Emerge, New Hope Press, 164pp
Kathleen O’Brien’s Emerge, billed as a strategic leadership model for the sustainable building community, has the ostensible appearance of a how-to book. Structurally, it is organized in the familiar manner of many works in divergent industry sectors designed for such a purpose.
The book features chapters that unpack details of O’Brien’s particular model, followed by best-practice examples of how teams collaborate. Through her perspective we view leadership in action. The many illustrative visuals, as well as insights from colleagues and practitioners in the best practice examples contribute to the feeling that at its core, Emerge is an advanced training manual that will benefit many people seeking to understand this ever-evolving profession.
O’Brien is a key actor in the development of the green building movement centered in the Cascadia region of the Pacific Northwest. Cascadia is arguably the most innovative of all of the organized efforts to promote sustainability in North America.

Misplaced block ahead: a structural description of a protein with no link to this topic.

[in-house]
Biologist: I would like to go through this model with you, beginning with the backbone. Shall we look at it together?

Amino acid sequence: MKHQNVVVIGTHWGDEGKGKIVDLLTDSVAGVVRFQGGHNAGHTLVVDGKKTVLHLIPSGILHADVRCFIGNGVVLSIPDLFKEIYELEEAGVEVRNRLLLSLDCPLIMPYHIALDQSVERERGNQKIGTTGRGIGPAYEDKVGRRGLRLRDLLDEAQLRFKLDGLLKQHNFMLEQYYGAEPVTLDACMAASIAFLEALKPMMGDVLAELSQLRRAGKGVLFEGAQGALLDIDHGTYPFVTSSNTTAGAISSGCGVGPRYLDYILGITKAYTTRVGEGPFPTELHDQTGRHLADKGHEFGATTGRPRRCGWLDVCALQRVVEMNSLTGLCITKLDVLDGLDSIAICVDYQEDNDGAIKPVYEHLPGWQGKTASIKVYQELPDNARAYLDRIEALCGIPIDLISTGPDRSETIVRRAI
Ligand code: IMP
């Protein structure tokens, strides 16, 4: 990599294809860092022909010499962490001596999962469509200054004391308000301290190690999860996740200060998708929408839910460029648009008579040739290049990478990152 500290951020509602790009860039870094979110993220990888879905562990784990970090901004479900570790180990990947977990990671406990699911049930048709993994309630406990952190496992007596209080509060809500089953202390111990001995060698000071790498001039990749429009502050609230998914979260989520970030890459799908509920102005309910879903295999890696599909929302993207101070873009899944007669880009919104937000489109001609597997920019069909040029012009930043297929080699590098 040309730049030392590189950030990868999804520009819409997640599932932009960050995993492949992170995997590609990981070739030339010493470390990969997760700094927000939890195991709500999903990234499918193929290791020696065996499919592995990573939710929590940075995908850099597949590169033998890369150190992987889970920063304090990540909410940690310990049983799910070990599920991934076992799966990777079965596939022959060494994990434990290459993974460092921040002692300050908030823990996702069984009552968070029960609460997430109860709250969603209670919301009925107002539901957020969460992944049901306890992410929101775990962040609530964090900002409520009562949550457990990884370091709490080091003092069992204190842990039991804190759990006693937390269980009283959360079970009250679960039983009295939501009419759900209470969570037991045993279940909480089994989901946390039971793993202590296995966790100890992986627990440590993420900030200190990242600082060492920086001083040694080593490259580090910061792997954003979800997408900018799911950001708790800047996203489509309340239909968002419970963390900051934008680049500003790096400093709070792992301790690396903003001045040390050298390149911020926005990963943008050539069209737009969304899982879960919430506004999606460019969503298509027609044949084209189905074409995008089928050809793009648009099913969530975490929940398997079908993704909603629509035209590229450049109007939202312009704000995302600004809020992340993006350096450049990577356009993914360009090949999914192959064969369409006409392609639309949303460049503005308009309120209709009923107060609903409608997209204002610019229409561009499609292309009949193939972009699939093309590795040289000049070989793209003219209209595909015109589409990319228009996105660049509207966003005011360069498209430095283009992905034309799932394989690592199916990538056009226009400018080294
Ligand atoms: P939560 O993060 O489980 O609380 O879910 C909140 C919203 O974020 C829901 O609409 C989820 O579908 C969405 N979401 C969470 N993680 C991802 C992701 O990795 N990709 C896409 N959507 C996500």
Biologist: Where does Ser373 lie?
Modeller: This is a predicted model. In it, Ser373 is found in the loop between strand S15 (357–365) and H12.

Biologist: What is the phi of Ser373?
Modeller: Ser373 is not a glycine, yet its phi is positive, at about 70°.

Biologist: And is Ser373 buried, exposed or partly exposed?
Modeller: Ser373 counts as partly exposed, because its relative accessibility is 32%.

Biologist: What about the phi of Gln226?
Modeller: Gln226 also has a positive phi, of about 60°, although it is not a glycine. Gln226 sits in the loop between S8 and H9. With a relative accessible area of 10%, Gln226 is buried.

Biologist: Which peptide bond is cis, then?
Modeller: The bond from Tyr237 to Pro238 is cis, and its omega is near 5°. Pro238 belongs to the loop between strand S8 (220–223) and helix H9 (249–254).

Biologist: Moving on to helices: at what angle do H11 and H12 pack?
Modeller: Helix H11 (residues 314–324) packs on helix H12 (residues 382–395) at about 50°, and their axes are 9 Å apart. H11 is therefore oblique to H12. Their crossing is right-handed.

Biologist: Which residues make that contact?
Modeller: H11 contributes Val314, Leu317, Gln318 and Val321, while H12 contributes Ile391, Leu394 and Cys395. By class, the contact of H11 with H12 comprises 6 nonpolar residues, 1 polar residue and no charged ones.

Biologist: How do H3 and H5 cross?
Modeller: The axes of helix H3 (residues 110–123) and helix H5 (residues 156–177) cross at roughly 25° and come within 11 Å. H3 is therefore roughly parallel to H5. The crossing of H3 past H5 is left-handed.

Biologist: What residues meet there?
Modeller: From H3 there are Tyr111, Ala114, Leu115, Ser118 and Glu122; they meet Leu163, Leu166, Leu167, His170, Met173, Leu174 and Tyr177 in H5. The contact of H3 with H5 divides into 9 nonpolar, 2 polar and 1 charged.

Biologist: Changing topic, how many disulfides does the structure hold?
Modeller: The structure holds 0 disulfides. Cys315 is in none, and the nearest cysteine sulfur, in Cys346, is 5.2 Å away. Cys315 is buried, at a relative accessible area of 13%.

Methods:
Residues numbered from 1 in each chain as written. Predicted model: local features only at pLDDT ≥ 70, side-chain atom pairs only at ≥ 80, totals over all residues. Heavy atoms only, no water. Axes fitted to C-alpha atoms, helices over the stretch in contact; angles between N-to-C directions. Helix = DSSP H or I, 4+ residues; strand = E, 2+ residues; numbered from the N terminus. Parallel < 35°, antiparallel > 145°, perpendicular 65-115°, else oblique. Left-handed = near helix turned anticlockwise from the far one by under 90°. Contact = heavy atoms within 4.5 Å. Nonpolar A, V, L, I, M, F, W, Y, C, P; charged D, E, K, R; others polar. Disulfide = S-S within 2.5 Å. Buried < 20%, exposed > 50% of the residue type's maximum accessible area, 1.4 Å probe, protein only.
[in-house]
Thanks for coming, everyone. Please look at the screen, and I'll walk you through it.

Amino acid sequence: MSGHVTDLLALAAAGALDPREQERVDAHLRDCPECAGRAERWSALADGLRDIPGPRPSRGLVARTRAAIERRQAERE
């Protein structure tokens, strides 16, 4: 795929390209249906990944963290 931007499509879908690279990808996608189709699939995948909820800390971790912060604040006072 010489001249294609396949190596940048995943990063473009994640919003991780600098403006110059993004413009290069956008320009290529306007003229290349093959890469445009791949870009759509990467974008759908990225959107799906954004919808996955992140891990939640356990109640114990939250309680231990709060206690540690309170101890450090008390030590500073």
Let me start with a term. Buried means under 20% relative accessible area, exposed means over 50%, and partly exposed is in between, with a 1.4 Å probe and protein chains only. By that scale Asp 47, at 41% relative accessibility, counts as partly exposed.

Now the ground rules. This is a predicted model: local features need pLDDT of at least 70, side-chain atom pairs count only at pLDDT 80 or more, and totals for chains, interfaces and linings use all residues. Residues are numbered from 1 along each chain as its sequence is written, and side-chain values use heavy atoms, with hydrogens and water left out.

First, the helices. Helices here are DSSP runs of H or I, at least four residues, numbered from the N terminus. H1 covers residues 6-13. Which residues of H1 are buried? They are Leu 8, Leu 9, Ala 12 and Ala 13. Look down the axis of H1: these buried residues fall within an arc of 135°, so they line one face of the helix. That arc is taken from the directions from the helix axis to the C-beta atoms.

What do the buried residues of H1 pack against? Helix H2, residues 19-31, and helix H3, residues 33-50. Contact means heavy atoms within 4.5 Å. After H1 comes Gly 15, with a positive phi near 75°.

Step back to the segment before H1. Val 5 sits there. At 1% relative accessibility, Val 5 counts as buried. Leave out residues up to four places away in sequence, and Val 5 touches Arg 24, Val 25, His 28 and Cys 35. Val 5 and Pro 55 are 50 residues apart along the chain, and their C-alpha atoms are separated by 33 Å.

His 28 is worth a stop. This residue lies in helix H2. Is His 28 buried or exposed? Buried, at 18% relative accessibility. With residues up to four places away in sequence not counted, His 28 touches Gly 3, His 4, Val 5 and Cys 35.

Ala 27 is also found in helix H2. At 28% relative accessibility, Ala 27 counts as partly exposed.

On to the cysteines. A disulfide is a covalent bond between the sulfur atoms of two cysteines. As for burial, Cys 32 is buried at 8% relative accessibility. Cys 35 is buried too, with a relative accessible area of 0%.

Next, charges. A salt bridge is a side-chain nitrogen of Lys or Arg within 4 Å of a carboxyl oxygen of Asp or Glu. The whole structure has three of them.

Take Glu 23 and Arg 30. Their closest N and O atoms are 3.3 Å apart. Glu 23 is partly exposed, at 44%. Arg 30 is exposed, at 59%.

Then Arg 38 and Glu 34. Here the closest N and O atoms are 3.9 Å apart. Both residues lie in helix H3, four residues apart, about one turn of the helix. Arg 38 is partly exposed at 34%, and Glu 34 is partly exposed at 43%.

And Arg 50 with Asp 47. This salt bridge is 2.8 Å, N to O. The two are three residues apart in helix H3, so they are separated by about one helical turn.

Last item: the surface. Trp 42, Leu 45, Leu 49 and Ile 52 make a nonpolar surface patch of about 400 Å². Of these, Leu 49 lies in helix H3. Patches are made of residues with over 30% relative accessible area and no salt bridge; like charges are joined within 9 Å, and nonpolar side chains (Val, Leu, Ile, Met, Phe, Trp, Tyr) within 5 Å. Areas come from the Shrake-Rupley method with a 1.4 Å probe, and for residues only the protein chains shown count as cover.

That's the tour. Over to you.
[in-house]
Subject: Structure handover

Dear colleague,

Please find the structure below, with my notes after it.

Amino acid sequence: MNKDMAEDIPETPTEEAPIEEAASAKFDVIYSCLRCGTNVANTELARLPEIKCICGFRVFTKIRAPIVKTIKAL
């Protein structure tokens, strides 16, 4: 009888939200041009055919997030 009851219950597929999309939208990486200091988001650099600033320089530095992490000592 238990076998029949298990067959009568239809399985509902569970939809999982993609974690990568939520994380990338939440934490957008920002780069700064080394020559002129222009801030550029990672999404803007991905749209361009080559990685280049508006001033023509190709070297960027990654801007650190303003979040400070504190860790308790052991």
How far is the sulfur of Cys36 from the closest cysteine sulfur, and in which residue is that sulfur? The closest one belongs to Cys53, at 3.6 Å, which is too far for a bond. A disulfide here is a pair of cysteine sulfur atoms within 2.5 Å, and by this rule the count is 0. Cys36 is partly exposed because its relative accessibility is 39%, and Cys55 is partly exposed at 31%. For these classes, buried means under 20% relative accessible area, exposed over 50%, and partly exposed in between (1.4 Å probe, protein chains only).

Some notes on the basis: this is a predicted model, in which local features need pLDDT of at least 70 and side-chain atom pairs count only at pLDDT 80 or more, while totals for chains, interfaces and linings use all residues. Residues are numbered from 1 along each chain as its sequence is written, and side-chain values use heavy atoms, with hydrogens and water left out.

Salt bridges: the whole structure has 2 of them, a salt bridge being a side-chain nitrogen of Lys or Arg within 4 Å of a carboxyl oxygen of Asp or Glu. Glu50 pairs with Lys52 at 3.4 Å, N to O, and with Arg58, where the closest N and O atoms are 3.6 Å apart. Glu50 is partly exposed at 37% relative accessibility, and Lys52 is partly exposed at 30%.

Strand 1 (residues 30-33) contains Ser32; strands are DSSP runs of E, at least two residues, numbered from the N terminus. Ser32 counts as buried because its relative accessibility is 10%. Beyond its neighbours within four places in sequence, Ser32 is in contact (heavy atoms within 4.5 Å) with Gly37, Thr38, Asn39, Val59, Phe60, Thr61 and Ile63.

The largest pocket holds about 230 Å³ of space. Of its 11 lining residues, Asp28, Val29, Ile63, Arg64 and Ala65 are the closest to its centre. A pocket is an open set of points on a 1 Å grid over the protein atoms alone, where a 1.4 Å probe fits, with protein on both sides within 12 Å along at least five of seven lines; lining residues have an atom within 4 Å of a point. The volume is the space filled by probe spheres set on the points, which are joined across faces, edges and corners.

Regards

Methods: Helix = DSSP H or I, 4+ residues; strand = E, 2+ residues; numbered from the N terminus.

It was in Cascadia that the movement to go beyond LEED was crystallized through the Living Building Challenge. That this book has emerged from O’Brien’s thirty years of work demonstrates the value of the practitioner who offers advice through the lens of personal experience. Her tenets have impact as practical applications because green building has provided many lessons for leaders espousing myriad types of technology innovation.
Emerge takes the process a rung above rote learning. It is a primer in how to take the breakthroughs of green building technology and merge them with a big picture approach. The primary goal is not to replicate a structure that will lead to higher building ratings but to have an organized framework by which individuals have a set of tools to work collaboratively, plan effectively and communicate through a common language.